Spike in thrifting popularity hurts low-income neighborhoods


Graphic by Maisie Derlega

Mia Heyward

The phrase, “Oh, I thrifted it,” echoes through Wilson’s halls as someone responds to “Where did you get that cute top?” Thrift store shopping, “thrifting,” and buying second-hand clothing has become a trend for teenagers within the last year. Thrift hauls are at the forefront of Youtube and TikTok, while clothes at the mall sit on racks untouched. Thrifting has become a way that teens can find cute, unique, and cheap clothing. While this increase in second-hand shopping is good for the environment and decreases the sales of big corporations it also has some unforeseen side effects impacting Black and Brown communities. 

As far as the environment is concerned, thrifting is an excellent way for people to decrease their contribution to fast fashion industries. Most big corporations exploit their employees, usually those in prison. Fast fashion, cheap clothing updated with new trends, is the number one contributor to old clothes ending up in landfills after the pieces are no longer considered trendy.  Not only does fast fashion populate land, but the way clothing is made also harms the environment. If you buy a fresh new pair of jeans from Urban Outfitters, it takes 1,800 gallons of water to produce just that one pair, and on average, people use 15.8 gallons of water when they shower. This means making one pair of jeans is equivalent to taking roughly 114 showers. Buying your clothes second-hand reduces waste and our carbon footprint. However, that doesn’t mean thrifting is always the best choice. 

The next time you drive, take the bus, or metro to thrift stores, look at the area surrounding you. Georgia Avenue is entirely different from Tenleytown. You are shopping with Black and Brown communities who use thrift stores as their primary source of shopping for their lives. The same way you notice them is the same way they notice you. As a Black girl, I never feel out of place. I have been shopping second-hand for most of my life, but recently, I saw the prices increase. What used to be a $3 white tank top at thrift stores can easily go up to $10 today. We can thank the popularity among teens for these new prices.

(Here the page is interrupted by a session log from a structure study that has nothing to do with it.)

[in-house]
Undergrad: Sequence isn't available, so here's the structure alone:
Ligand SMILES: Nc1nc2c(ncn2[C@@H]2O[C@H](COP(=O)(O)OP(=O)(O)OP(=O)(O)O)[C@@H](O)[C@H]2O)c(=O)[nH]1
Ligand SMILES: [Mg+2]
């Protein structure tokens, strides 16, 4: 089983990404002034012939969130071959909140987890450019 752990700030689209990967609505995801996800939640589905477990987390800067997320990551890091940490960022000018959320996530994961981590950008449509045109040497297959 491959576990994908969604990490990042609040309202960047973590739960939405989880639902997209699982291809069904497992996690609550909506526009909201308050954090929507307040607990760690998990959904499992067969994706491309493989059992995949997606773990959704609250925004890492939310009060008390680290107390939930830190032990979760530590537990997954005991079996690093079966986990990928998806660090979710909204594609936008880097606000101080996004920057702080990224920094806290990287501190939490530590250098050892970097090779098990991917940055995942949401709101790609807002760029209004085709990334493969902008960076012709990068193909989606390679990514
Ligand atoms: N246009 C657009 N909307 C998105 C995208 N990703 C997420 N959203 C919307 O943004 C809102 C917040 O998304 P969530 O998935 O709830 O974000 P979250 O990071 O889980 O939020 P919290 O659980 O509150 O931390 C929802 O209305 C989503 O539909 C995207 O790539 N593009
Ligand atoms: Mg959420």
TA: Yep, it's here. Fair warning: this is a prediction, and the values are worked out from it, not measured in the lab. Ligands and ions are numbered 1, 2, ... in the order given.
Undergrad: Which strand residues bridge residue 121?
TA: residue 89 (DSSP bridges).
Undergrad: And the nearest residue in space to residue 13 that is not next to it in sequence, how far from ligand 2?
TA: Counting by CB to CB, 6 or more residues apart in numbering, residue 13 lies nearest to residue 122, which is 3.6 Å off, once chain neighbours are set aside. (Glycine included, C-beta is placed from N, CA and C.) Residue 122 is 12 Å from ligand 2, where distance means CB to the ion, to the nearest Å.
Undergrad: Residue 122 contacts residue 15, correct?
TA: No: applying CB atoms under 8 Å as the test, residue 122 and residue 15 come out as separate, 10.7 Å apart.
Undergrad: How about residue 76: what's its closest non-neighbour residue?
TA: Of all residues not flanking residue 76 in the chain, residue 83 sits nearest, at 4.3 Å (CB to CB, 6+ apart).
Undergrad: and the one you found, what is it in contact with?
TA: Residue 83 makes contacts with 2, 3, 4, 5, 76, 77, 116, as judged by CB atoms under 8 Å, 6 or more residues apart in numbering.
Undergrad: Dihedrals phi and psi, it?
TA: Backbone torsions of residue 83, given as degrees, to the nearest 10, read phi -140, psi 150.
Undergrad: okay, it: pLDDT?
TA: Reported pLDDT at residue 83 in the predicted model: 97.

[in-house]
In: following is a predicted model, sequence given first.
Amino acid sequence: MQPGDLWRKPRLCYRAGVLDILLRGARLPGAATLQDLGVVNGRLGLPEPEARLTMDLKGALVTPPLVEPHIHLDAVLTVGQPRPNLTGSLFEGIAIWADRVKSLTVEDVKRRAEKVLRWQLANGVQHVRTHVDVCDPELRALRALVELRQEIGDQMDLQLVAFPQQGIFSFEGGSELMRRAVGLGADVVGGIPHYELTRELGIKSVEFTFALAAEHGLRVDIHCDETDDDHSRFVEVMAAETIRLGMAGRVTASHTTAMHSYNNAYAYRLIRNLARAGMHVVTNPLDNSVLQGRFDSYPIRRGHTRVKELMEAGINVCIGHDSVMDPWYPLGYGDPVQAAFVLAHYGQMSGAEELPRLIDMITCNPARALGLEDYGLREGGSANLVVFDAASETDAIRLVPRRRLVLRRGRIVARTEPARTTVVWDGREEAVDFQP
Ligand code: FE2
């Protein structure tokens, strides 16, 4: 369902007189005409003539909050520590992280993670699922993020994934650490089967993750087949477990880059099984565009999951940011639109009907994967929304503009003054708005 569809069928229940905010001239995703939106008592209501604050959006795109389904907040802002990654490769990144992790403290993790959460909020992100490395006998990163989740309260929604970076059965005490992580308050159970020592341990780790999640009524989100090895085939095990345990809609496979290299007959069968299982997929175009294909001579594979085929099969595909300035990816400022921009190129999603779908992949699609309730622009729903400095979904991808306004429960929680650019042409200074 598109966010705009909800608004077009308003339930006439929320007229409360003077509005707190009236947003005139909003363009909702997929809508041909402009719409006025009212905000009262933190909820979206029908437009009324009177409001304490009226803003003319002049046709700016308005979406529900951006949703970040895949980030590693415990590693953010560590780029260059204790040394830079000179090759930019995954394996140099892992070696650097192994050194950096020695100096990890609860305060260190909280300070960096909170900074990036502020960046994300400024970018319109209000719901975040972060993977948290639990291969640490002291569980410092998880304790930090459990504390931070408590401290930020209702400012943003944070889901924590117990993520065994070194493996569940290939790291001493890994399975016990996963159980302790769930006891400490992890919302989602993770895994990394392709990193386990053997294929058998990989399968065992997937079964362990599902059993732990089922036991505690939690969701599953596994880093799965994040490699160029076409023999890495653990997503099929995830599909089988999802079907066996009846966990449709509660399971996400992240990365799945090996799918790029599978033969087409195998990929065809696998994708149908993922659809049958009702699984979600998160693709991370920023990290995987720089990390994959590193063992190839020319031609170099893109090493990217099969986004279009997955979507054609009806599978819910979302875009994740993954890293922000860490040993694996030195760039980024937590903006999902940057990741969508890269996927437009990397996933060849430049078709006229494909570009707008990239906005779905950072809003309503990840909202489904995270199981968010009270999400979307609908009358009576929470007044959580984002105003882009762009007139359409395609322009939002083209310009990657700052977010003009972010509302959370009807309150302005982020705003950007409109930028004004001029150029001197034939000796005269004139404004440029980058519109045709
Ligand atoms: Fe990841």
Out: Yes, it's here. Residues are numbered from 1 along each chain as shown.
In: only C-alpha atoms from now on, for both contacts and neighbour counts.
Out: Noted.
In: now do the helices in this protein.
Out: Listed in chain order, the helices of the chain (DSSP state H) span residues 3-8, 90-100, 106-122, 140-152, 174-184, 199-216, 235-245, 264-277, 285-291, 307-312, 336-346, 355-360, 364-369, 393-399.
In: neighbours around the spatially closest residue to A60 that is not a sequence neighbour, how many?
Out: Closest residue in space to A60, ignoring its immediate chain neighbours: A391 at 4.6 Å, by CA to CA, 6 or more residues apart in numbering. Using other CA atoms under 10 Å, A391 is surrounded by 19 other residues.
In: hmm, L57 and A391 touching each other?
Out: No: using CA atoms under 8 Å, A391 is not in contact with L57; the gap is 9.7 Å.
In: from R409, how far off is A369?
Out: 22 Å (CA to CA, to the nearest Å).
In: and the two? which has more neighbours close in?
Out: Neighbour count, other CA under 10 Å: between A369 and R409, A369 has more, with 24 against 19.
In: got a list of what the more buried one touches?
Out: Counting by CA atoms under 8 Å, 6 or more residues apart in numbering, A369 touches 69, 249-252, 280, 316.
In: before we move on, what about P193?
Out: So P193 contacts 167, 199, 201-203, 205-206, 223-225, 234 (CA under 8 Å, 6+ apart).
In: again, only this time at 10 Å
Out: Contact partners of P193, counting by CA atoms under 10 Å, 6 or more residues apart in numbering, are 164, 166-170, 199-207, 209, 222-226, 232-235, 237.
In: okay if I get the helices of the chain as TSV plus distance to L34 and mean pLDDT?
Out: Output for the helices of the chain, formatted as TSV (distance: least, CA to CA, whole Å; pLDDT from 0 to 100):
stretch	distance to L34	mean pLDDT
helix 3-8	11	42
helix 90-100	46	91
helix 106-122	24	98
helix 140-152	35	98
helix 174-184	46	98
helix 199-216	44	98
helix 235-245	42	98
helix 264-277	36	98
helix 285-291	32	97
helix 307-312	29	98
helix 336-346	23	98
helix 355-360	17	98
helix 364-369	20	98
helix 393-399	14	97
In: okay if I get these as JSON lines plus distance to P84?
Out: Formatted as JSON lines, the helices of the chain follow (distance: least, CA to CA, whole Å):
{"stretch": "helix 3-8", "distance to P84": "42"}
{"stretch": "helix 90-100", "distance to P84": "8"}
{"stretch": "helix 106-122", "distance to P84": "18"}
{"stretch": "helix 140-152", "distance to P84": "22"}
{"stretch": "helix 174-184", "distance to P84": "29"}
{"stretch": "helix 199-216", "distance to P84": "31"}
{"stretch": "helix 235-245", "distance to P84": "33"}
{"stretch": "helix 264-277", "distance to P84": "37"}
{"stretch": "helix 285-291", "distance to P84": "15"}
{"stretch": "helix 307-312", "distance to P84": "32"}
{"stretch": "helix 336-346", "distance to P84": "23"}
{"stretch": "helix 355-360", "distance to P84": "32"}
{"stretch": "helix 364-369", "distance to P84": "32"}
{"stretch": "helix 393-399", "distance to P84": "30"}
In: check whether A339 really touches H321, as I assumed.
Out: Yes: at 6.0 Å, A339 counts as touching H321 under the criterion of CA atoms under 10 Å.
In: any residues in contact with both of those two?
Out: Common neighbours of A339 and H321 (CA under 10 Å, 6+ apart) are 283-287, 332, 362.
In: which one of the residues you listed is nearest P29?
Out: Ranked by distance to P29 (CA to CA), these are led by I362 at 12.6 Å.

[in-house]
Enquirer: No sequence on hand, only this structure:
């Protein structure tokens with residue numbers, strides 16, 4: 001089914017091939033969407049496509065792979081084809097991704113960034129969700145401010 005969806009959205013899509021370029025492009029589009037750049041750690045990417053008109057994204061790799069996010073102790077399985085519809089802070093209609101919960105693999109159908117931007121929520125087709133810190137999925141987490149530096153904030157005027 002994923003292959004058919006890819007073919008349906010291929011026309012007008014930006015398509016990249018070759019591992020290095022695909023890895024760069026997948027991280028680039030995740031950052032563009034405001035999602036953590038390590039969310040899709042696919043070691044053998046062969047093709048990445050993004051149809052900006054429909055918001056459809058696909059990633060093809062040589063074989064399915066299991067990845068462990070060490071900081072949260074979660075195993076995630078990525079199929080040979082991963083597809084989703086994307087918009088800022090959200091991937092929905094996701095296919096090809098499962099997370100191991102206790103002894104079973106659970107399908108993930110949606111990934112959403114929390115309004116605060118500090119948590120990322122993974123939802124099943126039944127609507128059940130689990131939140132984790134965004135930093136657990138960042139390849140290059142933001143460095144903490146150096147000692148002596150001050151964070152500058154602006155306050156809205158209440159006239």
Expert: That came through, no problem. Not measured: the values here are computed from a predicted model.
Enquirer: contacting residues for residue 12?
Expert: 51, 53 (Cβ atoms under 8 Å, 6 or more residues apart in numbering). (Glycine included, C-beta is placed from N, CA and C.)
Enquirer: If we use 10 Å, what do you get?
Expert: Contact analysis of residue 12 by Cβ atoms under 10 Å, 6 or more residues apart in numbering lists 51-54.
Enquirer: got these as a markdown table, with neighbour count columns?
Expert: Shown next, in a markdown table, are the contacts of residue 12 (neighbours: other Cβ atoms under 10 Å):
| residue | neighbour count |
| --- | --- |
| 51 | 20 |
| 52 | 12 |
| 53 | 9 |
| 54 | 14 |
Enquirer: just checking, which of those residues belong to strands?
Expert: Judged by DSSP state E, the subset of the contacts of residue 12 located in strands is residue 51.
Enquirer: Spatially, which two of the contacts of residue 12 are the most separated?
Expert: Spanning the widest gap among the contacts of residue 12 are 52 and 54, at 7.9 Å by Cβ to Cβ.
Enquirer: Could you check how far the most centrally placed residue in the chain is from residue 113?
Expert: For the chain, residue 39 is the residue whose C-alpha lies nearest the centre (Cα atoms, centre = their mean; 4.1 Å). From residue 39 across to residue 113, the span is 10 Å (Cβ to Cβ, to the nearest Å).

While it is amazing that so many people buy second-hand, what does this mean for the Black and Brown people who rely on thrift stores for clothing? Thrifting has been a way for people in low-income communities, especially Black and Brown communities in the DMV, to shop for clothes on a budget. However, with more teens shopping second-hand, thrift store corporations like Goodwill and Value Village are slowly raising their prices. Second-hand shopping is becoming gentrified. 

One of the most prominent examples of second-hand gentrification is Depop. Do not get me wrong, I love Depop. I use the app to sell my old clothes and shop to avoid buying first-hand. However, as I began selling my clothes, I had trouble deciding what to price them. I knew that “vintage Levi’s,” the ones you can get from the thrift store for $7 in the men’s section, could be sold for up to $180. Most Depop sellers use thrift stores to buy clothing in bulk, and then upcharge prices. Of course, there are exceptions, specifically if you make thrift store bundles for a business. However, just for one seller, this practice is unethical. It is a way of misusing a website that could benefit low-income communities who want to buy cute clothes online. 

Honestly, there is no perfect solution to this issue. We do not live in a circular or equitable economy. While the increase in thrifting has undeniable impacts on our environment and redirects profit from wealthy businesses, not everyone is winning in this situation. My advice: if you have the means to purchase from ethical and sustainable first-hand brands, try doing that. It’s okay to go thrift shopping, but it is crucial to recognize the effects on less wealthy Black and Brown communities and speak out about it. There needs to be a way to make environmentalism and boycotting big corporations intersectional.